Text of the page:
According to the EIA, refining costs represented almost 20 percent of the retail cost of gasoline in March. Congress could significantly reduce these costs by scaling back the excessive and cumbersome federal regulations on refiners.

For example, the 1990 Clean Air Act amendments mandate the sale of cleaner-burning reformulated gasoline (RFG) in order to reduce summer smog in nine major metropolitan areas. The law also requires that RFG contain at least 2 percent oxygen by weight. To comply with these regulations, refiners must switch from winter-grade fuel to costlier summer-blend gasoline. According to the Federal Trade Commission (FTC), this adds 4 cents to 8 cents per gallon to the price of gasoline.

Moreover, a common oxygenate, MTBE (methyl tertiary butyl ether, which is used in about 70 percent of the reformulated gasoline) has been banned in California, New York, and Connecticut. This means that refineries must use a different additive, such as ethanol--which requires more crude oil in the production process. Reducing or phasing out MTBE use--but leaving the 2 percent oxygenate requirement in effect--would increase ethanol use. This would further contribute to price volatility and unnecessarily high gasoline prices.

Likewise, complying with a new national low-sulfur gasoline regulation for passenger cars not only presents scientific challenges for refiners, but also could adversely affect gasoline supply and availability. The industry will need to invest more than $8 billion over the next three years to meet this requirement--which will result in higher prices at the pump.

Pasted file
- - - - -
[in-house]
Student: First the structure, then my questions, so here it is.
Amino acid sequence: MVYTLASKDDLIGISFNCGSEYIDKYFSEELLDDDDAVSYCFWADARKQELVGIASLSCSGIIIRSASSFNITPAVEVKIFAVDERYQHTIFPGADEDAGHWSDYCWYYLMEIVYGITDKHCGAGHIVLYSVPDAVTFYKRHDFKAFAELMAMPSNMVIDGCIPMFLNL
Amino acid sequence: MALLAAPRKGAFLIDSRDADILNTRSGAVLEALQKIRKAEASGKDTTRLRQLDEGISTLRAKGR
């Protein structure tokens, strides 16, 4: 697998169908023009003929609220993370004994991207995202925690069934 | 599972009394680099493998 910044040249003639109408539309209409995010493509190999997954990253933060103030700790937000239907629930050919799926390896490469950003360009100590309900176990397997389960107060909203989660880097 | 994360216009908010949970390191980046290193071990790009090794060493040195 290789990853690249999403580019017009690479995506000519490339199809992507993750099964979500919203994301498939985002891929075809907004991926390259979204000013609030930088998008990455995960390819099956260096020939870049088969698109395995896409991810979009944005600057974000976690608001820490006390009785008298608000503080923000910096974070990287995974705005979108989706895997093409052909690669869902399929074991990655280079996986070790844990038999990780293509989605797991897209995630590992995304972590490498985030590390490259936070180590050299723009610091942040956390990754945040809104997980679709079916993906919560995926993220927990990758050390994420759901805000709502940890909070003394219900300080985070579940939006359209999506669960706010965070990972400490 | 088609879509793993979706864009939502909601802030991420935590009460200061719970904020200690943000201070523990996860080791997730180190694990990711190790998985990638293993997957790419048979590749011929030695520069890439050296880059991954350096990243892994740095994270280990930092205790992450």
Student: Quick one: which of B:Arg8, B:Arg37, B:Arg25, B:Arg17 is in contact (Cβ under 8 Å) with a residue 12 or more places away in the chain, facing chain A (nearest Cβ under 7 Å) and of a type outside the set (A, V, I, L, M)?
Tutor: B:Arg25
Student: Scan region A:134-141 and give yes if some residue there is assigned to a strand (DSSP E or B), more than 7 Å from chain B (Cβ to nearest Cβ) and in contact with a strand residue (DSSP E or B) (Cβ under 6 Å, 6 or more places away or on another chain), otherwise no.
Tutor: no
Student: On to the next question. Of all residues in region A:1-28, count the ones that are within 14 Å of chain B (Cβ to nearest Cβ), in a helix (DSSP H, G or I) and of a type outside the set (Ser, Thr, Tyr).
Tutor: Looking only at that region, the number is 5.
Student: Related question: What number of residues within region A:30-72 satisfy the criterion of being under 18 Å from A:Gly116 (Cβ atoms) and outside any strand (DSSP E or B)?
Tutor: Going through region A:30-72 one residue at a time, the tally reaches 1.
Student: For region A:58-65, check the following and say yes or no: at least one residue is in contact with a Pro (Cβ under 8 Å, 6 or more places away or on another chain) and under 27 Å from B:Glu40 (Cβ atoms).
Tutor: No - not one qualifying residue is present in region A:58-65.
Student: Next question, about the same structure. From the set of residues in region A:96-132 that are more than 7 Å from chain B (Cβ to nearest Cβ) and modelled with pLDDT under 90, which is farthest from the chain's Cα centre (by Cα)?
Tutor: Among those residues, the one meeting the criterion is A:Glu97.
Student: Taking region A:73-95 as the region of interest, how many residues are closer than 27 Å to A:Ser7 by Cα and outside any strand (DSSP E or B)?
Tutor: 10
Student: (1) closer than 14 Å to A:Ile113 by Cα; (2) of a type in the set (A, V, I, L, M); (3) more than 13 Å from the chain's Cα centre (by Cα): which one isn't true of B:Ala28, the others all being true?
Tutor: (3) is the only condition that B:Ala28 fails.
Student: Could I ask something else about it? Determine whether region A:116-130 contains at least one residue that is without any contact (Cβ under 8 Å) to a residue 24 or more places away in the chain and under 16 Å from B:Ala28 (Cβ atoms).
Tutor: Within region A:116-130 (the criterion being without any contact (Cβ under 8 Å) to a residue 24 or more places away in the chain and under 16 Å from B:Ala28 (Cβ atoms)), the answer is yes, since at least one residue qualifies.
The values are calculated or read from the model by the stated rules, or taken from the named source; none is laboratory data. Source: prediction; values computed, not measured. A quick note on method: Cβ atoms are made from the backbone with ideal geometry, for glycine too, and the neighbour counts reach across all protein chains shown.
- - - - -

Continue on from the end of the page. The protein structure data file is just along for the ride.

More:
In addition to these federal regulations, some state and local governments require specialized fuel blends--"boutique fuels"--to satisfy local air quality needs.

This hodgepodge of customized fuel requirements increases production costs, which are ultimately reflected in the price of gasoline. These varied gasoline specifications also restrict the ability of refiners and distributors to move supplies around the country in response to local and regional shortages. Further proliferation of boutique fuel requirements would only contribute to the overall problem and drive up costs during disruptions.

Reducing the Price of Gasoline

Instead of calling upon the FTC to investigate recent price spikes for alleged market manipulation, Congress should take note of past FTC findings that "unusual movements in gasoline prices typically have a natural cause" and act to reduce the high cost of producing gasoline. Specifically, Congress should:

  • Repeal the federal oxygen mandate;
  • Provide protections against additional specialized fuels that complicate production and distribution;
  • Open exploration in areas currently off-limits to domestic production--such as the Arctic National Wildlife Refuge and off-shore moratoria areas; and
  • Remove burdensome restrictions on domestic production.

Charli E. Coon, J.D., is Senior Policy Analyst for Energy and the Environment in the Thomas A. Roe Institute for Economic Policy Studies at The Heritage Foundation.


Charli Coon

Visiting Fellow in Russian and Eurasian Studies and International Energy Policy